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Single Enzyme Aided Bacterial Survival Strategy to Help Fight Resistance

β-Lactam antibiotics inhibit cell-wall transpeptidases, preventing the peptidoglycan, the major constituent of the bacterial cell wall, from cross-linking. This causes accumulation of long non–cross-linked strands of peptidoglycan, which leads to bacterial death.

Pseudomonas aeruginosa, a nefarious bacterial pathogen, attempts to repair this aberrantly formed peptidoglycan by the function of the lytic transglycosylase Slt. Now, investigators at the University of Notre Dame have been able to document and illuminated how this single enzyme helps bacteria rebound from damage inflicted by antibiotics not strong enough to immediately eliminate the microbes.

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The cell walls of P. aeruginosa are made of long, adjacent units that are cross-linked together. In the presence of a beta-lactam antibiotic, the cross-links are not formed. However, long chains of uncross-linked polymers remain, which signal that the cell wall is damaged. That is where Slt comes in. The enzyme recognizes the damage and chops down the long chains of uncross-linked polymers, and the organism rebuilds the cell wall.

It’s a survival strategy,” said Shahriar Mobashery, Navari Family Professor in Life Sciences at Notre Dame and lead author of the study. “The cell wall is the structural entity that encases the entire bacterium, and its health is critical for the survival of the bacteria. If you have a drug that inflicts damage to the cell wall, the bacterium cannot cope with it and it dies.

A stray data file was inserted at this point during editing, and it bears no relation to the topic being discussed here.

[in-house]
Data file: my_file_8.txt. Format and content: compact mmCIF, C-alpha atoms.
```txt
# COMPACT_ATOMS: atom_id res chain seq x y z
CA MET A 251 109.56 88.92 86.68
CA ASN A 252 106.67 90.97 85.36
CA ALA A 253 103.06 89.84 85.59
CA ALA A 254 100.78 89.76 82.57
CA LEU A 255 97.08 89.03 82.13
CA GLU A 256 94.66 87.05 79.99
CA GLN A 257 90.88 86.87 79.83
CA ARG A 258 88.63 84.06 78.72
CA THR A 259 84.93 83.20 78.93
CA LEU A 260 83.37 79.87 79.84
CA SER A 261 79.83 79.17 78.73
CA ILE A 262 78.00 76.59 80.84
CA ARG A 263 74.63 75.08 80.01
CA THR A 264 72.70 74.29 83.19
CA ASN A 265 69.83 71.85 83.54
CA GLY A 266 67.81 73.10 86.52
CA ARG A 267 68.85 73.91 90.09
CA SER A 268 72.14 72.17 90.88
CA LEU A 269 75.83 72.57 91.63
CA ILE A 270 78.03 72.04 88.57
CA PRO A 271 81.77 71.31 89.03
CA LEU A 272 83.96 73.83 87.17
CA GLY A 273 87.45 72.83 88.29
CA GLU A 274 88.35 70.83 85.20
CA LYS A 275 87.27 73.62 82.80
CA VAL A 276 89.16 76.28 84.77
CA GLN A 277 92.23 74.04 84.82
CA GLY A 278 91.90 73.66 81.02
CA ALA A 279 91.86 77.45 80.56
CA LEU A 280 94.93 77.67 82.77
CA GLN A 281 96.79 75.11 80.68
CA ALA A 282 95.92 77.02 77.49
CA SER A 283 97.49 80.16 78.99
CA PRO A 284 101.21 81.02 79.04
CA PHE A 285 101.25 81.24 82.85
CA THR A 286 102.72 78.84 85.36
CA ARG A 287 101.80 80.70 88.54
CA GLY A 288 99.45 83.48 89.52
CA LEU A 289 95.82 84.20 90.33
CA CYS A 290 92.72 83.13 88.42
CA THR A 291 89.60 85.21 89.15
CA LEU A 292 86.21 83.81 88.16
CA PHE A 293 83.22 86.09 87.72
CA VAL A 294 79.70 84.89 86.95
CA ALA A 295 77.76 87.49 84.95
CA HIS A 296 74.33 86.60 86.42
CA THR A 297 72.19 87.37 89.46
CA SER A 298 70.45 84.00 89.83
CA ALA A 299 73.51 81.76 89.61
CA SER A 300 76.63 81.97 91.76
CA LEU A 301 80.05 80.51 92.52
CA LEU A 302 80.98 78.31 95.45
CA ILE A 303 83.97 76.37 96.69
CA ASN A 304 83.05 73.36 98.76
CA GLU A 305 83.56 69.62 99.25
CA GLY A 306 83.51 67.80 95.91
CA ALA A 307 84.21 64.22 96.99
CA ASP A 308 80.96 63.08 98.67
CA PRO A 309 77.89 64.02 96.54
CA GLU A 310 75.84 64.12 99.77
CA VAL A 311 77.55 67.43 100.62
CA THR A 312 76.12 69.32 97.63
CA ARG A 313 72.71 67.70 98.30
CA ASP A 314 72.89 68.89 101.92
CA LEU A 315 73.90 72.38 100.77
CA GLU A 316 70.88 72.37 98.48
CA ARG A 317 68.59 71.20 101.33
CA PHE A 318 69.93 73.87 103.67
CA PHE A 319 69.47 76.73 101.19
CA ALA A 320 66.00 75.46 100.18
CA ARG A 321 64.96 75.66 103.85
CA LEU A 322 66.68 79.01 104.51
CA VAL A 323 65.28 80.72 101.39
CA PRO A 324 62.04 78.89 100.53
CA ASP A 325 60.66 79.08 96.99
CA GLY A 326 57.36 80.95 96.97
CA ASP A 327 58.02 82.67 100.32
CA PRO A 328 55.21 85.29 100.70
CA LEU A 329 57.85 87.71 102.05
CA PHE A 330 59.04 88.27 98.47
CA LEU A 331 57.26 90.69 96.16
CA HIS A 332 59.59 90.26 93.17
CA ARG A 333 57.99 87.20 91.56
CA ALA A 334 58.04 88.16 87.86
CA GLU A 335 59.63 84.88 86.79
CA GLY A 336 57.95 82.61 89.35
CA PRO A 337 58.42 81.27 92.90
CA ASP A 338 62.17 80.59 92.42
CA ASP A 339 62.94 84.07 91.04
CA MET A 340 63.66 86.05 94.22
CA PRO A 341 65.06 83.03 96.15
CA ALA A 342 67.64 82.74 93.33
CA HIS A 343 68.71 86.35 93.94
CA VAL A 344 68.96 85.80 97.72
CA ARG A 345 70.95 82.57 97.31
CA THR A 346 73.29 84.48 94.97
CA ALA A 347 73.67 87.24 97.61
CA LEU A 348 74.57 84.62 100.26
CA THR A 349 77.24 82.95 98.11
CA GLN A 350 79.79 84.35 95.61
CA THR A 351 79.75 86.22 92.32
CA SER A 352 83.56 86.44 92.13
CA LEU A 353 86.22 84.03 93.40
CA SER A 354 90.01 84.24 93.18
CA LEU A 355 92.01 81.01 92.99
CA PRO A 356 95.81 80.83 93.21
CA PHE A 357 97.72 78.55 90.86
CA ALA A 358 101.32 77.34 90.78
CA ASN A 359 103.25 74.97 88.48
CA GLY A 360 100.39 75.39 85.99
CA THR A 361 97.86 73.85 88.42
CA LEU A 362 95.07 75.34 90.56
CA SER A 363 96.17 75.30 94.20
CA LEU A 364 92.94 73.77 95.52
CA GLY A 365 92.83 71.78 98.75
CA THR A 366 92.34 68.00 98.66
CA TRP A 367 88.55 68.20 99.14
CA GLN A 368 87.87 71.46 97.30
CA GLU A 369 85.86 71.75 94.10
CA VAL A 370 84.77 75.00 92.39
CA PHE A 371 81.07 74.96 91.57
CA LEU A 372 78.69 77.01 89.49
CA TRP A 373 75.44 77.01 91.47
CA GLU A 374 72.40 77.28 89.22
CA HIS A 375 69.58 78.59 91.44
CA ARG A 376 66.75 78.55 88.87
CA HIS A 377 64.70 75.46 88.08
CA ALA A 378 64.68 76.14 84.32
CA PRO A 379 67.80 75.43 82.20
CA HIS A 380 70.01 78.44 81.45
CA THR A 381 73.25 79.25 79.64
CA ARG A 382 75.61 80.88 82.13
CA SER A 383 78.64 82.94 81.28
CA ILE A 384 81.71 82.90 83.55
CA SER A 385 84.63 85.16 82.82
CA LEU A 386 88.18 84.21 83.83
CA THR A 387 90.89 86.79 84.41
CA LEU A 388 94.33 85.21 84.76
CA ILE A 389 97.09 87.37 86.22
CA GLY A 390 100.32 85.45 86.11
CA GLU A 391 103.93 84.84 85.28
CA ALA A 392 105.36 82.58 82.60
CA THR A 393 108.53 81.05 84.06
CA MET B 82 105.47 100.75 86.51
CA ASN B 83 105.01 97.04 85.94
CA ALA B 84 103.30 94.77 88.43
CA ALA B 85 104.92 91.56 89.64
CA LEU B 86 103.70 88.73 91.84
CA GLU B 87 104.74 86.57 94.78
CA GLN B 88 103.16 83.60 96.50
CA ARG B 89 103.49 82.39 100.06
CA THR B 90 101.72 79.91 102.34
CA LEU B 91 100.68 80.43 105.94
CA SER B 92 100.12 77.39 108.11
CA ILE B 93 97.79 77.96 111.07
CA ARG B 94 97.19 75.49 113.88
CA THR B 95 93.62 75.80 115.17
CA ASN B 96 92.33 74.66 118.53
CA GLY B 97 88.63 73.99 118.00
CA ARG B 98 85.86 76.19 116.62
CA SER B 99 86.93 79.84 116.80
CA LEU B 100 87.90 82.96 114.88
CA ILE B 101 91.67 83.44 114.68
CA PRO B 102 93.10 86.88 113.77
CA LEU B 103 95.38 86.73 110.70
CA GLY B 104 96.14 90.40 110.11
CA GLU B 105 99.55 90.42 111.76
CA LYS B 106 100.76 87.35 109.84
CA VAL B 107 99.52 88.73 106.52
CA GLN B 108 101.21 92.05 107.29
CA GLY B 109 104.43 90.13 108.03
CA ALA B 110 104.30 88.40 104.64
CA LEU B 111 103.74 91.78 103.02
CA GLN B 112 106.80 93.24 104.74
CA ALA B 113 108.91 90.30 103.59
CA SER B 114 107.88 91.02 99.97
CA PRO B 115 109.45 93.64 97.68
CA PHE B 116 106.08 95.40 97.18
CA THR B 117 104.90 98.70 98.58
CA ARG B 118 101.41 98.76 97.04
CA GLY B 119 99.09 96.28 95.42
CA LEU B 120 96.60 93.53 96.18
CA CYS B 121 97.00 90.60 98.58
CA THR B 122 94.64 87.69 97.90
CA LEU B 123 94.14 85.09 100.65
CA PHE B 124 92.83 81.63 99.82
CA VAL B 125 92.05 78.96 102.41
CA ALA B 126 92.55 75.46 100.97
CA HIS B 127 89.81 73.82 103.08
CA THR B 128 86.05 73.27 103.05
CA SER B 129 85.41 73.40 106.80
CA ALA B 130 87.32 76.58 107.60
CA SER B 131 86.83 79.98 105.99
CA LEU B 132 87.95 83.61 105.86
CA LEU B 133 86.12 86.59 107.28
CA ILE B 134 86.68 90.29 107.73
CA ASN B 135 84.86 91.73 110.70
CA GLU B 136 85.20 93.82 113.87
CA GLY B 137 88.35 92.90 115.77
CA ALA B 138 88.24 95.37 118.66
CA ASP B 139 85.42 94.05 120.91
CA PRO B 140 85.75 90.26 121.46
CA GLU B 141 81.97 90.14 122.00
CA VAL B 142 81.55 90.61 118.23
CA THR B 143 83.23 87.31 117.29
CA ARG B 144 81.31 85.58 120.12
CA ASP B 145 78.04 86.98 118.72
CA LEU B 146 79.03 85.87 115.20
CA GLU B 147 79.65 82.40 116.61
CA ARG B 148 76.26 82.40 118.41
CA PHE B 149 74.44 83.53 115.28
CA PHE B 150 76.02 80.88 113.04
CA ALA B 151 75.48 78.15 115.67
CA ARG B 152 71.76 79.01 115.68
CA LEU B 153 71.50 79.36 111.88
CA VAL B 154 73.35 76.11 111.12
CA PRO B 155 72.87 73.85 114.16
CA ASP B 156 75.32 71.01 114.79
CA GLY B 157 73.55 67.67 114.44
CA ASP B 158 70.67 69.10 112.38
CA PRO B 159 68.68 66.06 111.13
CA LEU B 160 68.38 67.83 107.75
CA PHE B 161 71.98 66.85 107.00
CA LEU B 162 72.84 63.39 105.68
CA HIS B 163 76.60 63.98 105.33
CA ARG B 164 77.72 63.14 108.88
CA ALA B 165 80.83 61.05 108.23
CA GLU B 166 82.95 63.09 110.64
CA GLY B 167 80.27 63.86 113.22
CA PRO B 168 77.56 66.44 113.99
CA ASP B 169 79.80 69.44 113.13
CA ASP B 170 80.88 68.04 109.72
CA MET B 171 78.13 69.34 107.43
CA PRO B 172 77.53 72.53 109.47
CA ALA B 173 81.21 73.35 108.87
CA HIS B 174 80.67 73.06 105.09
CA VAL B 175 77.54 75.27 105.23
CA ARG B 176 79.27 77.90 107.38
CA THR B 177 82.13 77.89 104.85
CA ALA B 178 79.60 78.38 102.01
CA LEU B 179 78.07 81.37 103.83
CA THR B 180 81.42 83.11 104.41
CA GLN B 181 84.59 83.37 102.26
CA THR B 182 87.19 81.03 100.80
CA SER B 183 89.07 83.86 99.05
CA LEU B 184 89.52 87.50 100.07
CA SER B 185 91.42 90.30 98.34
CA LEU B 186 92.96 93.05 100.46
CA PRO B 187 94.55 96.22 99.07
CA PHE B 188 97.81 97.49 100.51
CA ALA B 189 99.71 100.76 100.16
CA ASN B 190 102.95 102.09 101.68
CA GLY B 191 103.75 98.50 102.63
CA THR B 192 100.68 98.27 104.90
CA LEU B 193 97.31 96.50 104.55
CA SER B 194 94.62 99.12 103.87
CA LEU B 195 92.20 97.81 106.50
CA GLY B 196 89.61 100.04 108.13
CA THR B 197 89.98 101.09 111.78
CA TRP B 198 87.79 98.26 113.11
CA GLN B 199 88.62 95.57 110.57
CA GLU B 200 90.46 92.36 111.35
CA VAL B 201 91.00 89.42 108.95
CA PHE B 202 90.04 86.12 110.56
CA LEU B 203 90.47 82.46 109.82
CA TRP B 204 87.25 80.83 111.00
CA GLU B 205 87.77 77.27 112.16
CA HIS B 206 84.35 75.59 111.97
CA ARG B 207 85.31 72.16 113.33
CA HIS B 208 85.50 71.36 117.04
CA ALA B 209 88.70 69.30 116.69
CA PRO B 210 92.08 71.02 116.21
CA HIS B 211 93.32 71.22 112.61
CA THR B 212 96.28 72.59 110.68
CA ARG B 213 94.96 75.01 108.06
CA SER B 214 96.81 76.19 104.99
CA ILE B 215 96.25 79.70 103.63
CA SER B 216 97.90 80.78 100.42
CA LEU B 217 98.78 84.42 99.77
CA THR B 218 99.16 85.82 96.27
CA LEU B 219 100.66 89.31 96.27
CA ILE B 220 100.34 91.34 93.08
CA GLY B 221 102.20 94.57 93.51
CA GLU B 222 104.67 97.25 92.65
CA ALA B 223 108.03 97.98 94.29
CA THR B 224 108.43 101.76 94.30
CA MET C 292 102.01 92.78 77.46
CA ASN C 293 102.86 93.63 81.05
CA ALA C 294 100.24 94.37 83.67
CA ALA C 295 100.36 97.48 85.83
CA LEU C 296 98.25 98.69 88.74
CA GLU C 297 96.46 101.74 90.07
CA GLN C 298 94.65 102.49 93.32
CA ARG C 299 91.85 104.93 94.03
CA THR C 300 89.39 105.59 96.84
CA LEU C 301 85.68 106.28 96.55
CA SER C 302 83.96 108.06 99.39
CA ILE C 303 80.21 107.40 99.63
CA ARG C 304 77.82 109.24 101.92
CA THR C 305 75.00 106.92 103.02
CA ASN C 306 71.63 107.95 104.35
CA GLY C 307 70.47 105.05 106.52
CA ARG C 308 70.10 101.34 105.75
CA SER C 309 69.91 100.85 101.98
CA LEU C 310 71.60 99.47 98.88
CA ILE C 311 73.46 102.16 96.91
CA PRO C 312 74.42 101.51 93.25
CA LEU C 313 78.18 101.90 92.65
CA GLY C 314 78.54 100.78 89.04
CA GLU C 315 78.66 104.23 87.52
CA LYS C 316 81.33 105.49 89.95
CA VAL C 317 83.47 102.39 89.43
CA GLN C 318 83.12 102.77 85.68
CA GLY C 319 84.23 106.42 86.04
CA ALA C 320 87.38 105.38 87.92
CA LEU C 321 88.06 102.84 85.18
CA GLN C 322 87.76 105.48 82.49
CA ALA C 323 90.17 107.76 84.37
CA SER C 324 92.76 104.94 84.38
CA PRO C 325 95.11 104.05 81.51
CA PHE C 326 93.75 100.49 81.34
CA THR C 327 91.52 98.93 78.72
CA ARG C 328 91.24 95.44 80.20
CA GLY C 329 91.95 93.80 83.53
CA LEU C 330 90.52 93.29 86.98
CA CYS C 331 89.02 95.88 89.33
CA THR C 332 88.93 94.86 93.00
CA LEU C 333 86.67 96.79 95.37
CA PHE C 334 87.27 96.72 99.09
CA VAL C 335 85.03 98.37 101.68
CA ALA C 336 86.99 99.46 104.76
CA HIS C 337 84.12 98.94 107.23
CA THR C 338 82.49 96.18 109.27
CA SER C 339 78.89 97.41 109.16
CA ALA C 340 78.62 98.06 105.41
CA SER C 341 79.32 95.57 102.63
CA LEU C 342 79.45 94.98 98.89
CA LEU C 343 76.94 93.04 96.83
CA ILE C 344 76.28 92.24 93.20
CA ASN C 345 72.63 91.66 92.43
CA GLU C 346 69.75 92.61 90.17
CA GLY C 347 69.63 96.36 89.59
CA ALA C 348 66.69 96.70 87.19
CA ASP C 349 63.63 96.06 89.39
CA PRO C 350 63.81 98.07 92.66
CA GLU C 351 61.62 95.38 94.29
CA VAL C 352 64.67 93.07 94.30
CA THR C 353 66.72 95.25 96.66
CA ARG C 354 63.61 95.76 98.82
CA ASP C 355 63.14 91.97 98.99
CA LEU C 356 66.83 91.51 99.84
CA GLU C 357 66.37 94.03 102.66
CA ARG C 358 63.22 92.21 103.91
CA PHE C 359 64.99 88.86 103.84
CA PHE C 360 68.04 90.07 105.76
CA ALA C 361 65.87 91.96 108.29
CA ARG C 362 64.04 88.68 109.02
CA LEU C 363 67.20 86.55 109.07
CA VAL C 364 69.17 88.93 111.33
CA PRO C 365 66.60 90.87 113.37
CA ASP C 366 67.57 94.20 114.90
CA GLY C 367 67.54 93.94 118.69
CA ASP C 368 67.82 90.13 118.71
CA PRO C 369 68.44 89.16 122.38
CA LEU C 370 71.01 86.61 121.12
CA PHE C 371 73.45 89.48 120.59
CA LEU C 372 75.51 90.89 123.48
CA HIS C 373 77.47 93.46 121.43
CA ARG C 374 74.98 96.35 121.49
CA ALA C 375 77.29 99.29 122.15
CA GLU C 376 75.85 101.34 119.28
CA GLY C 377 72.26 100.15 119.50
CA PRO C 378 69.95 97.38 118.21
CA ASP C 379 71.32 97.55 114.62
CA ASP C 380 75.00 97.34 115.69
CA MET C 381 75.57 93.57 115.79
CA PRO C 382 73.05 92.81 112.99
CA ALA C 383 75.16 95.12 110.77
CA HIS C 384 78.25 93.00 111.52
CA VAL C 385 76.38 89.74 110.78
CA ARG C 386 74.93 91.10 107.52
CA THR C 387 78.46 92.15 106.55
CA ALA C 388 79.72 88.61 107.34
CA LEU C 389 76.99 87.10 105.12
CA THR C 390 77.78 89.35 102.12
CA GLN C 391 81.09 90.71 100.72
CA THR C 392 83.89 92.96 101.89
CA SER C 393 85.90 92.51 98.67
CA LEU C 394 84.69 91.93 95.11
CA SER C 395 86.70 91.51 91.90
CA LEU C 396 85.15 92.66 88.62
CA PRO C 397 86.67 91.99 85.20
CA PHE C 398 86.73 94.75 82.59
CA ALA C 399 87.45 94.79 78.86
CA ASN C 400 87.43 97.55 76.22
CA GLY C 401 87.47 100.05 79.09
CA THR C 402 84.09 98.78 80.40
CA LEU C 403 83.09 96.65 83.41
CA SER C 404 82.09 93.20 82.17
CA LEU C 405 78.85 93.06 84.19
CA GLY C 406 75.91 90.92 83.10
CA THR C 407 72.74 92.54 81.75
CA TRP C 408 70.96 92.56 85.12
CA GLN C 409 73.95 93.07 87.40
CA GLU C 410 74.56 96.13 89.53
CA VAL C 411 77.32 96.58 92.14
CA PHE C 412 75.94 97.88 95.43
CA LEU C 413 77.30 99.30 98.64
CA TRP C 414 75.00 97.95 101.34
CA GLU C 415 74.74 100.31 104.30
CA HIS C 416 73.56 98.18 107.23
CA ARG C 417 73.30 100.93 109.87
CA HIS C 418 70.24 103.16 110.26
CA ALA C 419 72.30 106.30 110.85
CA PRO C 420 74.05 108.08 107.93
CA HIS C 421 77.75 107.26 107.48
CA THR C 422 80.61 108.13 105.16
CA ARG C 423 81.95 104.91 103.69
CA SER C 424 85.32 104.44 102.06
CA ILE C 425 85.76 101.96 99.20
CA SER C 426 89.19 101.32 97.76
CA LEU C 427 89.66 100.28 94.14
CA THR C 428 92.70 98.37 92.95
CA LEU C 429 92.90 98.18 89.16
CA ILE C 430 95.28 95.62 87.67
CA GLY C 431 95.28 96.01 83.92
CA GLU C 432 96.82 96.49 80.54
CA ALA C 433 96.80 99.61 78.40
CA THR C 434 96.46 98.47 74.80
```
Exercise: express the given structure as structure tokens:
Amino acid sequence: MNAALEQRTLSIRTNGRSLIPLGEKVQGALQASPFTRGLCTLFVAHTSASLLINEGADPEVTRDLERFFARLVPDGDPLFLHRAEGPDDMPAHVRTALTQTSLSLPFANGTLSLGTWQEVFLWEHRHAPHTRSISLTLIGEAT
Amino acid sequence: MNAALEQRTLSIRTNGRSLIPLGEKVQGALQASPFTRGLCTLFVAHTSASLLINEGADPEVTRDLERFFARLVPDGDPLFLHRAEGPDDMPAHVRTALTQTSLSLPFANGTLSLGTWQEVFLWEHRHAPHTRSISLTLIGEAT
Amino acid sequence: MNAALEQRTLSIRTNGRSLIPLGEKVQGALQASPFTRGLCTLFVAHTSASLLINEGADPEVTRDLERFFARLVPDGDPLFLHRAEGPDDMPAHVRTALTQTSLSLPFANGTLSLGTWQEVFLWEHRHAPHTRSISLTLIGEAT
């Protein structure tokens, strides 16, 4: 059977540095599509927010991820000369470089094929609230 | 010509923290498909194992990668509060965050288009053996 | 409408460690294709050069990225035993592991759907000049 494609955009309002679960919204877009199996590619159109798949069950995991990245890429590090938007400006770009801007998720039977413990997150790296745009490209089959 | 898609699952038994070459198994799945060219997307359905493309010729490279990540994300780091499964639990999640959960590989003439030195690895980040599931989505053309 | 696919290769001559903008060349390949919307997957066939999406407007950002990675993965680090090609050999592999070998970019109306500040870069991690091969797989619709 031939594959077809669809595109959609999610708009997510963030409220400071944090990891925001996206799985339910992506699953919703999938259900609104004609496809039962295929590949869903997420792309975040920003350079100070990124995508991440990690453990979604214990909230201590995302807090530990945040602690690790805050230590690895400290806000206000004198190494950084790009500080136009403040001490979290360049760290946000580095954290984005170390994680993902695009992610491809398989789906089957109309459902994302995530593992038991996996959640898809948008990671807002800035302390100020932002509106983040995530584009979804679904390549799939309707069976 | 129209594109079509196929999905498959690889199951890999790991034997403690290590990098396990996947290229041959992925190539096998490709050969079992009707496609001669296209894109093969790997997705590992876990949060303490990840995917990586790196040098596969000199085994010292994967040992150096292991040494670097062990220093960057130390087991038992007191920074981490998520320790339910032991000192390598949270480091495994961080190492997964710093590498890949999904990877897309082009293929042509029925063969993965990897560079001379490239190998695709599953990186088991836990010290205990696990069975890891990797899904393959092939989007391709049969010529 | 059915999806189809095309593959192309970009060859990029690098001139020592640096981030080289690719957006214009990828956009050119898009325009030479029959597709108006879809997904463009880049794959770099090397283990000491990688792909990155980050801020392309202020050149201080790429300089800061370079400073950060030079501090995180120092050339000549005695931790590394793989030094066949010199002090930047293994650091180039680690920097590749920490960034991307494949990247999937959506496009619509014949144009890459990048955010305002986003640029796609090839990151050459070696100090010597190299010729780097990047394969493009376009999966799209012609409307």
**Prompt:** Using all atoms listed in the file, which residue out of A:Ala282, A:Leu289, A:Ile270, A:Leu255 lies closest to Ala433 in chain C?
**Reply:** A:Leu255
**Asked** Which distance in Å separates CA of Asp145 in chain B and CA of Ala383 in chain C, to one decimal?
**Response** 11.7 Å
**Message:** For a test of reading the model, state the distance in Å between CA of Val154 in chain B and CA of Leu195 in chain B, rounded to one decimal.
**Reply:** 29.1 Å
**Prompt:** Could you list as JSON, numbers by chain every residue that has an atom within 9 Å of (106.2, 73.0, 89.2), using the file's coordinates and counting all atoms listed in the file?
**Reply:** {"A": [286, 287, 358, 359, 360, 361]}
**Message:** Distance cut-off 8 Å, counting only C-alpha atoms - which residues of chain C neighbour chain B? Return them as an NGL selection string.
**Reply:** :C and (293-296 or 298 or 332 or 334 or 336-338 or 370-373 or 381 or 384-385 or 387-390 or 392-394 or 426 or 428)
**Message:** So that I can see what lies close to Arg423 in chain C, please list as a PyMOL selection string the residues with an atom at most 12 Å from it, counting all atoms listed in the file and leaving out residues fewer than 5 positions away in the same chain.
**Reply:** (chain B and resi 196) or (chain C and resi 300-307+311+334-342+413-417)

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It’s sort of like if you’re driving home and get into a fender bender, and by the time you get home, your car is already repaired,” said Mobashery.

The study involved synthesized pieces of the cell wall and studying it with Slt to determine how the enzyme degrades it. They sent purified Slt and cell wall samples to collaborators at the Spanish National Research Council to determine its structure.

“We documented in this report that Slt turns over the peptidoglycan by both exolytic and endolytic reactions, which cause glycosidic bond scission from a terminus or in the middle of the peptidoglycan, respectively,” the authors wrote. “These reactions were characterized with complex synthetic peptidoglycan fragments that ranged in size from tetrasaccharides to octasaccharides.”

The authors continued: “the X-ray structure of the wild-type apo Slt revealed it to be a doughnut-shaped protein. In a series of six additional X-ray crystal structures, we provide insights with authentic substrates into how Slt is enabled for catalysis for both the endolytic and exolytic reactions. The substrate for the exolytic reaction binds Slt in a canonical arrangement and reveals how both the glycan chain and the peptide stems are recognized by the Slt.”

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